I consider the Parent Hacks blog and the 10+-year community, conversation and book that came out of it to be my proudest achievement as a writer. The friendships that began here sustain me to this day.
But as my kids grew and my focus shifted, my day-to-day life evolved beyond that space. So did the conversational and info-gathering tools available to new parents. That’s not a bad or sad thing — it’s a reflection of Parent Hacks’s natural lifespan. I feel about that arc as I feel about my own kids’ growth. Kids are meant to outgrow their childhoods. That’s a joyful thing.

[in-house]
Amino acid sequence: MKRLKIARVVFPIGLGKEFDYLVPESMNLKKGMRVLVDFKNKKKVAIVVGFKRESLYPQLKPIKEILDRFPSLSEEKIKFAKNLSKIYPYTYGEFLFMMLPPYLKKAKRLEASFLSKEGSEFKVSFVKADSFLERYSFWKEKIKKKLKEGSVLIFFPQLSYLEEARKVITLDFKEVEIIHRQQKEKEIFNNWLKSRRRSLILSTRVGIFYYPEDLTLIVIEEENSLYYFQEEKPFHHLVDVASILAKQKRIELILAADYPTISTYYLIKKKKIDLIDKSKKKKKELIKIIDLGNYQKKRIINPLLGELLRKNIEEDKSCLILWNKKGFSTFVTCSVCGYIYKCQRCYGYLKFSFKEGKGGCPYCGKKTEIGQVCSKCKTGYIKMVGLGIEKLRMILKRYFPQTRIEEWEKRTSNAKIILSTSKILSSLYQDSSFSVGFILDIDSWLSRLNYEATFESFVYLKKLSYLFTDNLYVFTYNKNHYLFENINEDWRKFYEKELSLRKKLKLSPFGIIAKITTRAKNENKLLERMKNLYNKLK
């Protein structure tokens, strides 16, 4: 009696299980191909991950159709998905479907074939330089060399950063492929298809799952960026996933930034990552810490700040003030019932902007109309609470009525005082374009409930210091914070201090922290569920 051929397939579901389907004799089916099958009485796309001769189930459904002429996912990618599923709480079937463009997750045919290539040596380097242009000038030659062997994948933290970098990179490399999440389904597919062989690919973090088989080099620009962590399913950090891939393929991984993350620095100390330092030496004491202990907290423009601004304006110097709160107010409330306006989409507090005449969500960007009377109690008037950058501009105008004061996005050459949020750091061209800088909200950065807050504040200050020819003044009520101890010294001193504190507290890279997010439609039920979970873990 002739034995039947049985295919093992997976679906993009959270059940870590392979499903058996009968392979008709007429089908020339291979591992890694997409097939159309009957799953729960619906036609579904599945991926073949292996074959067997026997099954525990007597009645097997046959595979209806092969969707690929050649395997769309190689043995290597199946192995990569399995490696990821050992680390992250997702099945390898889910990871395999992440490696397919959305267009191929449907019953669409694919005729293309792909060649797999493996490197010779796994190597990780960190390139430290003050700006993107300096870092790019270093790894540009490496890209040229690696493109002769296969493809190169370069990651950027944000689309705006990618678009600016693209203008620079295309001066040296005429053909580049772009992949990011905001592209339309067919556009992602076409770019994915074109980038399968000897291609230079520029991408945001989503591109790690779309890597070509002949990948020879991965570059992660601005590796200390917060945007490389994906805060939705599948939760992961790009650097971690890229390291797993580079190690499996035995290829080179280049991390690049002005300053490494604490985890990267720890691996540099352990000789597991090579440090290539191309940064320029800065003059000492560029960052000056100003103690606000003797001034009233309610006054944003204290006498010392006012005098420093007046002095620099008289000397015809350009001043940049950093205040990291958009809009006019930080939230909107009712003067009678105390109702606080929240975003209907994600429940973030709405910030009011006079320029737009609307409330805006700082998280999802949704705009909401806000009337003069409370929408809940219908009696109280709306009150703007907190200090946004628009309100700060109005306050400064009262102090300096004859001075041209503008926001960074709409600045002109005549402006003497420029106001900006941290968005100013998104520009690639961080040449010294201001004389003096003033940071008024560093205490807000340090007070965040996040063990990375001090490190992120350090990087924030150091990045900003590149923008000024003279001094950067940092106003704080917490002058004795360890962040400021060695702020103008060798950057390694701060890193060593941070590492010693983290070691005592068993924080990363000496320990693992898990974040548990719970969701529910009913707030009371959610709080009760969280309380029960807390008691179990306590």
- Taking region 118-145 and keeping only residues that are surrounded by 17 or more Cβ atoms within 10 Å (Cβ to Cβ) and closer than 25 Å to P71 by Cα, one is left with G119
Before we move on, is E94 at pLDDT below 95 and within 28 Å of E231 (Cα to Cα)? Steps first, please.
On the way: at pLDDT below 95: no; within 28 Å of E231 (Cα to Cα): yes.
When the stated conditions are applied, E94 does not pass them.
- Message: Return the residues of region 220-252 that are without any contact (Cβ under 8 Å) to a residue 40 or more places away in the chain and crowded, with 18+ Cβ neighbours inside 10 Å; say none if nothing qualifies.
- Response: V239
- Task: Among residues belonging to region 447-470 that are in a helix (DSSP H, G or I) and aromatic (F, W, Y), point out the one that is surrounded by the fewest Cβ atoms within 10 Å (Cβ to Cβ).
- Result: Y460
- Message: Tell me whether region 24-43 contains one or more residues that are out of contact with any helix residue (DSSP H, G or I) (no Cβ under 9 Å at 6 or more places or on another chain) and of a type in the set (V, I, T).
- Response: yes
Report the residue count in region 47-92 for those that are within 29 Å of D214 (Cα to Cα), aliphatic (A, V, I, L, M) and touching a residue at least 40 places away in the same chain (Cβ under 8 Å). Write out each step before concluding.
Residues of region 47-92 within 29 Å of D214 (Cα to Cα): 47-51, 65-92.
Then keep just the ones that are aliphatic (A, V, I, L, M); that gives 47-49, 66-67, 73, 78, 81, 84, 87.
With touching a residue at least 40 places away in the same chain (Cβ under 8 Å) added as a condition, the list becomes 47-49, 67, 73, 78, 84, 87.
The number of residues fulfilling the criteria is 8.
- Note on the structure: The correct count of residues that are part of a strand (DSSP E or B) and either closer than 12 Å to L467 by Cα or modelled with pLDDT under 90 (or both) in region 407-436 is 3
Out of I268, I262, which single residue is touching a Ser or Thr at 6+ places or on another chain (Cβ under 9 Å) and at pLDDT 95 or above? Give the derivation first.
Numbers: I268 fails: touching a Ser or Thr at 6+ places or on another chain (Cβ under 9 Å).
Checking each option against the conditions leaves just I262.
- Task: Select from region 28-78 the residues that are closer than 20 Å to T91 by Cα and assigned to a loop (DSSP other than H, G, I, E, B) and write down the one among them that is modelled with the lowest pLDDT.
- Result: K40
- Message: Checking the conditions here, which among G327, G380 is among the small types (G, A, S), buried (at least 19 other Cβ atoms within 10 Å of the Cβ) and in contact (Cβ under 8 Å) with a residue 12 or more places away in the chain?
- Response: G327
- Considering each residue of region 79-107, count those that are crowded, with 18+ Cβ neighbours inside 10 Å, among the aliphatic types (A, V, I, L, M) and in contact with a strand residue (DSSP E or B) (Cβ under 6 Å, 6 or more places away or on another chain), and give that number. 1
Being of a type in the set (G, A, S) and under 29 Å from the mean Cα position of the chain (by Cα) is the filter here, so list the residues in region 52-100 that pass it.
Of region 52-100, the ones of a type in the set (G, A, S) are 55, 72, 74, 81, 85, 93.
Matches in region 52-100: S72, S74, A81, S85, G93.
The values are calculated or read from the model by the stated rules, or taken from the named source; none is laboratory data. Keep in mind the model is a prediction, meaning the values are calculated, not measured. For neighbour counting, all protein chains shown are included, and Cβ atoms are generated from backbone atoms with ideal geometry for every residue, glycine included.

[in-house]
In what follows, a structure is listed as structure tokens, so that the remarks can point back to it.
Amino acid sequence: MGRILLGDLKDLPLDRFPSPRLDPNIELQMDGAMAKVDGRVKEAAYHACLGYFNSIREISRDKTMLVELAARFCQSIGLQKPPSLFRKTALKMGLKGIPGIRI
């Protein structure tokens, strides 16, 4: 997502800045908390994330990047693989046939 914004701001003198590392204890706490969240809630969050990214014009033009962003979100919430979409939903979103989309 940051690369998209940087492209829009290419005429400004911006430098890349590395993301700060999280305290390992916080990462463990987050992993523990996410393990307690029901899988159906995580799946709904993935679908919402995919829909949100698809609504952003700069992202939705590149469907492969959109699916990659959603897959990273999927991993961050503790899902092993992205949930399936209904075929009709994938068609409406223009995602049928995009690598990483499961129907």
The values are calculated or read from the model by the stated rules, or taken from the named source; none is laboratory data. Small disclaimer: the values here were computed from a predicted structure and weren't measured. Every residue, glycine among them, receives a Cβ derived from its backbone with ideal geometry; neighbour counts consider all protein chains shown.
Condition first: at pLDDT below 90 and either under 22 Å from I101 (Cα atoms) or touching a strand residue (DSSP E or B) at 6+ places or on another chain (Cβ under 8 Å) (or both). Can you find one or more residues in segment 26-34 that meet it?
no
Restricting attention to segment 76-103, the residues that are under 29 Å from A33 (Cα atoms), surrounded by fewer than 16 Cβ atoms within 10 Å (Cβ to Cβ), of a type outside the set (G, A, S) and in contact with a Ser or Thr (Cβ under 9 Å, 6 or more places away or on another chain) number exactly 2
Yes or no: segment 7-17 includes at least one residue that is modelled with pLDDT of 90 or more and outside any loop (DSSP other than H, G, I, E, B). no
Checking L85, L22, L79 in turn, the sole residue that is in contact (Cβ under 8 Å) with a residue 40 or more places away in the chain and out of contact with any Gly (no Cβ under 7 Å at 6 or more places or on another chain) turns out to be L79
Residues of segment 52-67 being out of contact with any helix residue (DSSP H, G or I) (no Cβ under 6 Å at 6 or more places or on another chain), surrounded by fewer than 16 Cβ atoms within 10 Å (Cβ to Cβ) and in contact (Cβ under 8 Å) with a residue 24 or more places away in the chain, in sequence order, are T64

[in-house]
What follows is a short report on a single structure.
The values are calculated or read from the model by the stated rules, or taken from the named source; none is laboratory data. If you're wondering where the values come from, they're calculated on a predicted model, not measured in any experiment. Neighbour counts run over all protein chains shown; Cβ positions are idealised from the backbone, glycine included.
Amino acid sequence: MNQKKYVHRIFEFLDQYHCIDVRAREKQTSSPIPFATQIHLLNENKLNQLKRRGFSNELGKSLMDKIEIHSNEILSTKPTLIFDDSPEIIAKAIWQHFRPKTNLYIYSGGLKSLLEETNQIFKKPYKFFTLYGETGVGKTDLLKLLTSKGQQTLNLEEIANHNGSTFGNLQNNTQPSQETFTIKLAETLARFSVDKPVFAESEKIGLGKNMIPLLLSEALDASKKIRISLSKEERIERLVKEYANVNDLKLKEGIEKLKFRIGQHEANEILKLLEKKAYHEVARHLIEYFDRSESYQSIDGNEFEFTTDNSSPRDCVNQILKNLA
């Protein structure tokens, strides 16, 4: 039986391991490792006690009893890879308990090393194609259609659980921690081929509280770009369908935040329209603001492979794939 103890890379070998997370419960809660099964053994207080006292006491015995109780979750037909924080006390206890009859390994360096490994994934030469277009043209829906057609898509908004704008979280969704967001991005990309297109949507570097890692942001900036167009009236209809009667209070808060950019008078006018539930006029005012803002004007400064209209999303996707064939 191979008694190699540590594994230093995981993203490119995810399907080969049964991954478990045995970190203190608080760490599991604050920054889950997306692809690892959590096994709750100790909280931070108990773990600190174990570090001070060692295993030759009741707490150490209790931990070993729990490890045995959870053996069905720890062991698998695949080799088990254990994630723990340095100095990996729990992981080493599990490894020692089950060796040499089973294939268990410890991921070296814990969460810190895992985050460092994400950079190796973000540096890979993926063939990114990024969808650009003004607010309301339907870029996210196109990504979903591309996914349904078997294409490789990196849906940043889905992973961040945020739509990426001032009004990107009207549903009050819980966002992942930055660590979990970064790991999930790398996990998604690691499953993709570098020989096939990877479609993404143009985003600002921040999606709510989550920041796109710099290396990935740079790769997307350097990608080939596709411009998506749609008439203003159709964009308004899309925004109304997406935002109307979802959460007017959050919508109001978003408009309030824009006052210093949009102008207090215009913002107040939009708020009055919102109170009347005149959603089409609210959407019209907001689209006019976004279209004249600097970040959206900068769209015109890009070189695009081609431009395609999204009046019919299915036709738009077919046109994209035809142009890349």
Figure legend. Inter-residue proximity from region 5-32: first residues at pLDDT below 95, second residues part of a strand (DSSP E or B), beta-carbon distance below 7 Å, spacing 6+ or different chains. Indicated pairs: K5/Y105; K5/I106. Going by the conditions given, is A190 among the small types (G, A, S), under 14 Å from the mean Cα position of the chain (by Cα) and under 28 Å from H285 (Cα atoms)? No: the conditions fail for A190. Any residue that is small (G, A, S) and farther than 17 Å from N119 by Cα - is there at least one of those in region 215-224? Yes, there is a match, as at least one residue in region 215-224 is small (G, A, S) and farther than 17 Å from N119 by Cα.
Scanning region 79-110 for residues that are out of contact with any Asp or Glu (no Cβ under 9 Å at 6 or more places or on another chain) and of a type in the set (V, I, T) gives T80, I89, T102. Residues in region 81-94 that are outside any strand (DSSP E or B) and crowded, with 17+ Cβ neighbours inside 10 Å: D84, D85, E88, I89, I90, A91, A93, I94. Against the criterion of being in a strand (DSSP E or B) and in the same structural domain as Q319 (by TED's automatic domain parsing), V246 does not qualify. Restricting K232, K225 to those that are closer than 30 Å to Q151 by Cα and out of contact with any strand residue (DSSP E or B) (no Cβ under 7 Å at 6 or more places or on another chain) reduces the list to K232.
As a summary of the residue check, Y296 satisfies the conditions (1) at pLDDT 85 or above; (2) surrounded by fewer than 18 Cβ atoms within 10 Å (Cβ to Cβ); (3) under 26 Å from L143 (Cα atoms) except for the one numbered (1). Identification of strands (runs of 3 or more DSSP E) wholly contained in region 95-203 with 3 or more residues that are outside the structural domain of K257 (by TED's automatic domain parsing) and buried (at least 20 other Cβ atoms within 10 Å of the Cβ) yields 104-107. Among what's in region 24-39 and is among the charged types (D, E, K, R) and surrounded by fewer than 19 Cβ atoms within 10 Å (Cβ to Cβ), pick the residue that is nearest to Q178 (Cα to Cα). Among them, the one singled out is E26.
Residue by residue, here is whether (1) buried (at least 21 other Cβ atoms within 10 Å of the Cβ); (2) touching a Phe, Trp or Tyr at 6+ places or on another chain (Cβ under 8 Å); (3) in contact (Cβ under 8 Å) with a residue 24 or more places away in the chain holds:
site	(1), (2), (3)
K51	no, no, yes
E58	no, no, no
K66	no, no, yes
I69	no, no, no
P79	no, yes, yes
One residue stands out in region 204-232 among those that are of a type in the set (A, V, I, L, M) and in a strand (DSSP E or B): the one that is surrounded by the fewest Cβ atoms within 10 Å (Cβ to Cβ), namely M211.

What I didn’t notice during this natural evolution was a creeping emptiness. I’m not talking about mourning the loss of parenting little kids (I am so much happier as the parent of teens). I’m talking about how, as I unconsciously shifted my online time to social media platforms, I began to feel more and more lonely.